The tendency of concerned states, including Burma and Bangladesh, to deny any role to Rohingya refugees was of grave concern for her. "Most frightful … is the fact that the Rohingya refugees have not been included in any of the discussions … around this MoU nor consulted in relation to the repatriation process as a whole", she noted, posing the uncomfortable but pointed question to the Council—"how can the process of repatriation be voluntary with the people who the process is for excluded from it? How can you be sure that any return is based on individual informed consent?"

Conveying the common view among Rohingya refugees to the Council, Lee said "it is futile to speak about their safe, voluntary, dignified and sustainable return unless the root causes of their exodus are properly addressed". She argued that to ensure such repatriation, the international community must ensure that Burma dismantles the system of discrimination against the Rohingya by law, policy and practices that continue to exist, and guarantee fundamental human rights to them, including by restoring their citizenship rights and property.

Helping lay the foundation for global justice for both Rohingyas and other victims within the UN's system of accountability has been the single most important contribution of Professor Lee to Burma's oppressed communities (not just the Rohingya), especially given that the country does not have national or domestic justice and accountability mechanisms that recognise and are capable of processing the gravest crimes in international law, such as crimes against humanity and genocide. Her persistent demand for an independent investigation into Burma's state crimes against the Rohingya led to setting up of the Independent International Fact-Finding Mission on Myanmar (FFMM) by the UN that was succeeded by the creation of the Independent Investigative Mechanism for Myanmar (IIMM) by the Human Rights Council in September 2018. The IIMM became operational on August 30, 2019—it is mandated to collect evidence of the most serious international crimes and violations of international law and prepare files for criminal prosecution.

Despite widespread skepticism, it was the relentless effort of Lee that led to the huge success in setting up of an accountability mechanism. She even wrote the TOR of the personnel of IIMM and prepared its budget. All these were achieved with the meagre support of a desk officer and a research assistant. Acknowledging her significant role, Rohingya genocide scholar Maung Zarni succinctly noted "No Yanghee Lee, no Fact Finding Mission and The Gambia-vs-Myanmar case at the International Court of Justice".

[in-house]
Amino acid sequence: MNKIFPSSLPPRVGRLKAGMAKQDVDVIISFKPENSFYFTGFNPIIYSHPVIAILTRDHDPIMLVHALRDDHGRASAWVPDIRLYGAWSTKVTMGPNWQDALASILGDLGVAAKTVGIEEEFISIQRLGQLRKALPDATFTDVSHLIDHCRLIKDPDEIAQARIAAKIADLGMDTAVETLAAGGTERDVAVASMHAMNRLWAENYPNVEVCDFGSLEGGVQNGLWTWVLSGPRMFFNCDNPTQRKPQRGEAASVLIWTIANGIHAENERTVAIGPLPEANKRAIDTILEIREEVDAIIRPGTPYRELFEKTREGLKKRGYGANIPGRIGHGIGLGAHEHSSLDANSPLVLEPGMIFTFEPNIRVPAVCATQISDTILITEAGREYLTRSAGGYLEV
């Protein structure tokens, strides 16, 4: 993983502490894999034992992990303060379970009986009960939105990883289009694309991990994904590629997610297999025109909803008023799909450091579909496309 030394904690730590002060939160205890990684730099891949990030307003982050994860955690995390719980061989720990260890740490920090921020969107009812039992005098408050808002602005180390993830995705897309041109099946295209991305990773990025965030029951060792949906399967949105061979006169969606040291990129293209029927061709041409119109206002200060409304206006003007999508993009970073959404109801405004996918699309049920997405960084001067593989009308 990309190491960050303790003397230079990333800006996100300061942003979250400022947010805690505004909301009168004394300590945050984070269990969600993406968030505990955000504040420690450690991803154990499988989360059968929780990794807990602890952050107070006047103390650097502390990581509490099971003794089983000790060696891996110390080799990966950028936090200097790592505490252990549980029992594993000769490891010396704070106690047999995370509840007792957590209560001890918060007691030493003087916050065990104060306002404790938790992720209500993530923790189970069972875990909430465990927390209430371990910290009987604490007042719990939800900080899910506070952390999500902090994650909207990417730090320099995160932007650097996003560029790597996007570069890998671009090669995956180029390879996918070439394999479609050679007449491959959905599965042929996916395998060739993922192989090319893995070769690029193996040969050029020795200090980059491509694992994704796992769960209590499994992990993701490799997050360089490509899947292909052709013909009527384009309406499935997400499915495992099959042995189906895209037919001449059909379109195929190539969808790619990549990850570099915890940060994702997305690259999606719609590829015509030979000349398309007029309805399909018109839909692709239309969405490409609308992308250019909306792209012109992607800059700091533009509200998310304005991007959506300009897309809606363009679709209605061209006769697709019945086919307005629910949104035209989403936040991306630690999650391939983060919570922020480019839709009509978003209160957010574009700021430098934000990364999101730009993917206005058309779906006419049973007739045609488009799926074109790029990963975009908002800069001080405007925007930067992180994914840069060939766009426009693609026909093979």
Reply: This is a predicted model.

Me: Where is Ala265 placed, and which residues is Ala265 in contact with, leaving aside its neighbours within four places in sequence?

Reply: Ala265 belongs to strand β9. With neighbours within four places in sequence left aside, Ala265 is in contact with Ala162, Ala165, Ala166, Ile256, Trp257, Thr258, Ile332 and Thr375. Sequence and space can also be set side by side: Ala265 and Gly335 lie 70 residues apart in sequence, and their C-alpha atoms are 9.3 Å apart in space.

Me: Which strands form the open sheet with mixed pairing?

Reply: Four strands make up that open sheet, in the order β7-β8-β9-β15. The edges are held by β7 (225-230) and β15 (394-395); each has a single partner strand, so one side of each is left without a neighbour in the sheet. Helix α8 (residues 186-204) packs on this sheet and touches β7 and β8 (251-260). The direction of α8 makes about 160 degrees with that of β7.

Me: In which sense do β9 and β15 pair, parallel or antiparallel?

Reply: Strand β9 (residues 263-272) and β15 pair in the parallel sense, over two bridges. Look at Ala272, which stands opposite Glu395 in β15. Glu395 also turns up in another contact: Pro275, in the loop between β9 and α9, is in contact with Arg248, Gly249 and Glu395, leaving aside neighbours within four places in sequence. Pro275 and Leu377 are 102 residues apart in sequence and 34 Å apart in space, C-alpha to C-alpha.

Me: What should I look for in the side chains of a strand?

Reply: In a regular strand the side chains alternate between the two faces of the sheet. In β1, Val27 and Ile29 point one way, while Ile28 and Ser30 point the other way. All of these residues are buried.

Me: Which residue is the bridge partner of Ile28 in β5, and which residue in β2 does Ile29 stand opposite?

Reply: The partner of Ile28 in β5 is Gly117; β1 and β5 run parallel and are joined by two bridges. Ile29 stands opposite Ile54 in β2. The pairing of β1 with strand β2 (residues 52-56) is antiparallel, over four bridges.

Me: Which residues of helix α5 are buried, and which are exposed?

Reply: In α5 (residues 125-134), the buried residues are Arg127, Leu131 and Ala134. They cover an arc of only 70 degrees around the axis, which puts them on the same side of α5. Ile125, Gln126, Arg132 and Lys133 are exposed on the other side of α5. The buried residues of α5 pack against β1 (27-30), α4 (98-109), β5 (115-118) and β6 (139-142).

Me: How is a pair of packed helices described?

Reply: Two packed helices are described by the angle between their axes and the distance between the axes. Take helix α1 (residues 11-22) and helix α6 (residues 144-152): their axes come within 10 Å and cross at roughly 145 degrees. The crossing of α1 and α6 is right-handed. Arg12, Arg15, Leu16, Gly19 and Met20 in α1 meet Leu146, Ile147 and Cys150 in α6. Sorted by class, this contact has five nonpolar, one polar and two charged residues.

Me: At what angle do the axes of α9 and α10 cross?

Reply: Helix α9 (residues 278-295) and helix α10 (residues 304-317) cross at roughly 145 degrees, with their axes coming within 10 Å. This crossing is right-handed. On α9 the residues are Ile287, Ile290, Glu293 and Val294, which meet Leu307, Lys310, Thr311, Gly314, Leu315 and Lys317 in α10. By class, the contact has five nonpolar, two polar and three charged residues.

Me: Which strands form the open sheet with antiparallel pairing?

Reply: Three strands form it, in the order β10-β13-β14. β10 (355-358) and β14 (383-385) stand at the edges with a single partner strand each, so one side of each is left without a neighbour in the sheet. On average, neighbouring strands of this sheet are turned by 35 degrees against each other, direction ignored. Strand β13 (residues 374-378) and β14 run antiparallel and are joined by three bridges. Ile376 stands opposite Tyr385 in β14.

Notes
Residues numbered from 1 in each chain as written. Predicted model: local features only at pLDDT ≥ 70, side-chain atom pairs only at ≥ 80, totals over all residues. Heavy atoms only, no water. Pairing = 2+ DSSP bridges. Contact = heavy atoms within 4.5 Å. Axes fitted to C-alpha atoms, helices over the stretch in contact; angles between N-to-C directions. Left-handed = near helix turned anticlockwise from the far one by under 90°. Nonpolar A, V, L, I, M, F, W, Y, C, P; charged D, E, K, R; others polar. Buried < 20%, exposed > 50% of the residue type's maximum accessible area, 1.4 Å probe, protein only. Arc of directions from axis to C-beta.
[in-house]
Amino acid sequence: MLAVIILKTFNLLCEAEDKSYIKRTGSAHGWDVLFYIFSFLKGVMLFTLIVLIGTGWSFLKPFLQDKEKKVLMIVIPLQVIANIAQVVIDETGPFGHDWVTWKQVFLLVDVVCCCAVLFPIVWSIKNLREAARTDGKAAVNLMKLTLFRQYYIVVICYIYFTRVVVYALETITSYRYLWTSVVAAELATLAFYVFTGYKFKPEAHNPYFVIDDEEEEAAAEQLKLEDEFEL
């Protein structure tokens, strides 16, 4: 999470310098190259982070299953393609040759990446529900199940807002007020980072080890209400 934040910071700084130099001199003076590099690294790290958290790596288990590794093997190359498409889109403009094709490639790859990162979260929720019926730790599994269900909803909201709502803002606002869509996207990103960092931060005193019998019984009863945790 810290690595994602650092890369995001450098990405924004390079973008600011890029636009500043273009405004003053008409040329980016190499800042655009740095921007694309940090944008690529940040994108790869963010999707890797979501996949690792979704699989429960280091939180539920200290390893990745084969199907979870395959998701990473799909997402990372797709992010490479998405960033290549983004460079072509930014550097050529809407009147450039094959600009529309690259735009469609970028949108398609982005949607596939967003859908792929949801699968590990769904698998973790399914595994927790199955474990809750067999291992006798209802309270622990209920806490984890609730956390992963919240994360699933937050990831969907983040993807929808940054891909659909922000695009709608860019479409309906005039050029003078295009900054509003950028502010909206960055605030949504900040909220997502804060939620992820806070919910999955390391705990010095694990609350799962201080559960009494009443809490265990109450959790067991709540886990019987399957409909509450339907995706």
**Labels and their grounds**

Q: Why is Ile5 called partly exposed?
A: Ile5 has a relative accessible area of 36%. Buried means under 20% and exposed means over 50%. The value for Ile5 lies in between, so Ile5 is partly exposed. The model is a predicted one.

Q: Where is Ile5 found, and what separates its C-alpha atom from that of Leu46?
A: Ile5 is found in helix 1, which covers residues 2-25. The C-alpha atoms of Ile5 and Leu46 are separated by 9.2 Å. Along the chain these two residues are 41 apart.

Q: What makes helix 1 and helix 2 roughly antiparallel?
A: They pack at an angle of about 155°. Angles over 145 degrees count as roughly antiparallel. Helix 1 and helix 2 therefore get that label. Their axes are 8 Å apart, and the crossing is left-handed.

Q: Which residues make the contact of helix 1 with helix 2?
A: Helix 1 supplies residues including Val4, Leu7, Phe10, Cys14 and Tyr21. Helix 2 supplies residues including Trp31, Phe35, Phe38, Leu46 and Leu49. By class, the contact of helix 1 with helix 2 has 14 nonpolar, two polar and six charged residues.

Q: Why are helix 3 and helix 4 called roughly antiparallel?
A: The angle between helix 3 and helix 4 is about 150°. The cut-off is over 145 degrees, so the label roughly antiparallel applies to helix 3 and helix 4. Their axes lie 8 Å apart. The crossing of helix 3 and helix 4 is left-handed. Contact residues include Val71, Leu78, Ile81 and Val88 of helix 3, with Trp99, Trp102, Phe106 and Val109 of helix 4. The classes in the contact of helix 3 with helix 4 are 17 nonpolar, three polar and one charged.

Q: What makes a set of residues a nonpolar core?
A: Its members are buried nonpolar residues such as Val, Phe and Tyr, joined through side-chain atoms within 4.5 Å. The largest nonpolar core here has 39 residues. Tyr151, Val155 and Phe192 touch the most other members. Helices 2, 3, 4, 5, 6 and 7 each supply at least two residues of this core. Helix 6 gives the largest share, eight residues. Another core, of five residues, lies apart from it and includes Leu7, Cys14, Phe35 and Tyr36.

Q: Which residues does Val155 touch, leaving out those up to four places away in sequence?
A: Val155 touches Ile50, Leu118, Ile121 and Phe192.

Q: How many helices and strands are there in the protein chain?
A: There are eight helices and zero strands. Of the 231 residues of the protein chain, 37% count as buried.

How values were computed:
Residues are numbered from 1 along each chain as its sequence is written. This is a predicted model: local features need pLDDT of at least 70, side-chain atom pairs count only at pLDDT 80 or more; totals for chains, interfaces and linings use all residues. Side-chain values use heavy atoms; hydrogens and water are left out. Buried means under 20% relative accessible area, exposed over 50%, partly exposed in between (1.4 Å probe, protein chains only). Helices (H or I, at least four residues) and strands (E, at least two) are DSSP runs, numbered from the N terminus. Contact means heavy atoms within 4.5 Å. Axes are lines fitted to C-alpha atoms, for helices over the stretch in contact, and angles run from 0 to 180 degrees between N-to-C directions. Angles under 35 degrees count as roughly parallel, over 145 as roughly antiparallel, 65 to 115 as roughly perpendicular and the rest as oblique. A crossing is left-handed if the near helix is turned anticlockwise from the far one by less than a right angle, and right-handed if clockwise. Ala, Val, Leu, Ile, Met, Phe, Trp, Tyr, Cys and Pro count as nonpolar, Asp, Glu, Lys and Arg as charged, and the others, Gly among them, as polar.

In our meeting during her last visit to Bangladesh, she underscored the need for sustained engagement of civil society against all odds. Brushing aside my shyness, I told her that we celebrate her good fight against a system that stands for the status quo and the powerful, and has repeatedly failed to deliver justice. I added, she was the role model for those who stand for justice for the wretched of the earth. Maintaining her graceful composure, she smiled. Gracias, Professor Yanghee Lee.


C R Abrar is an academic. He is the Coordinator of Refugee and Migratory Movements Research Unit.

Friday, 8 May 2020

Genocide Watch Launches Timestream on Rohingya Genocide

Source GenocideWatch, 8 May

Genocide Watch has published its first Timestream presentation, a new educational tool created by Ntrepid LLC.  Timestreams on other genocides will follow.

The Rohingya Timestream covers the history of the genocide and forced displacement of the Rohingya in Myanmar.  It explores key events leading up to the Gambia's case against Myanmar in the International Court of Justice.  View the Timestream presentation here .



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    Rights Groups Call Upon Malaysia To Rescue Boatpeople, End Pushbacks

    Source Rohingyavision, 17 April

    KUALA LUMPUR, 17 April 2020 — Several rights groups have called upon the government of Malaysia to end pushbacks of Rohingya boat people, deploy search and rescue missions for and ensure safe disembarkation of the boats, after Bangladesh rescued 400 Rohingya drifting at sea for nearly two months.

    Rights Groups Call Upon Malaysia To Rescue Boatpeople, End Pushbacks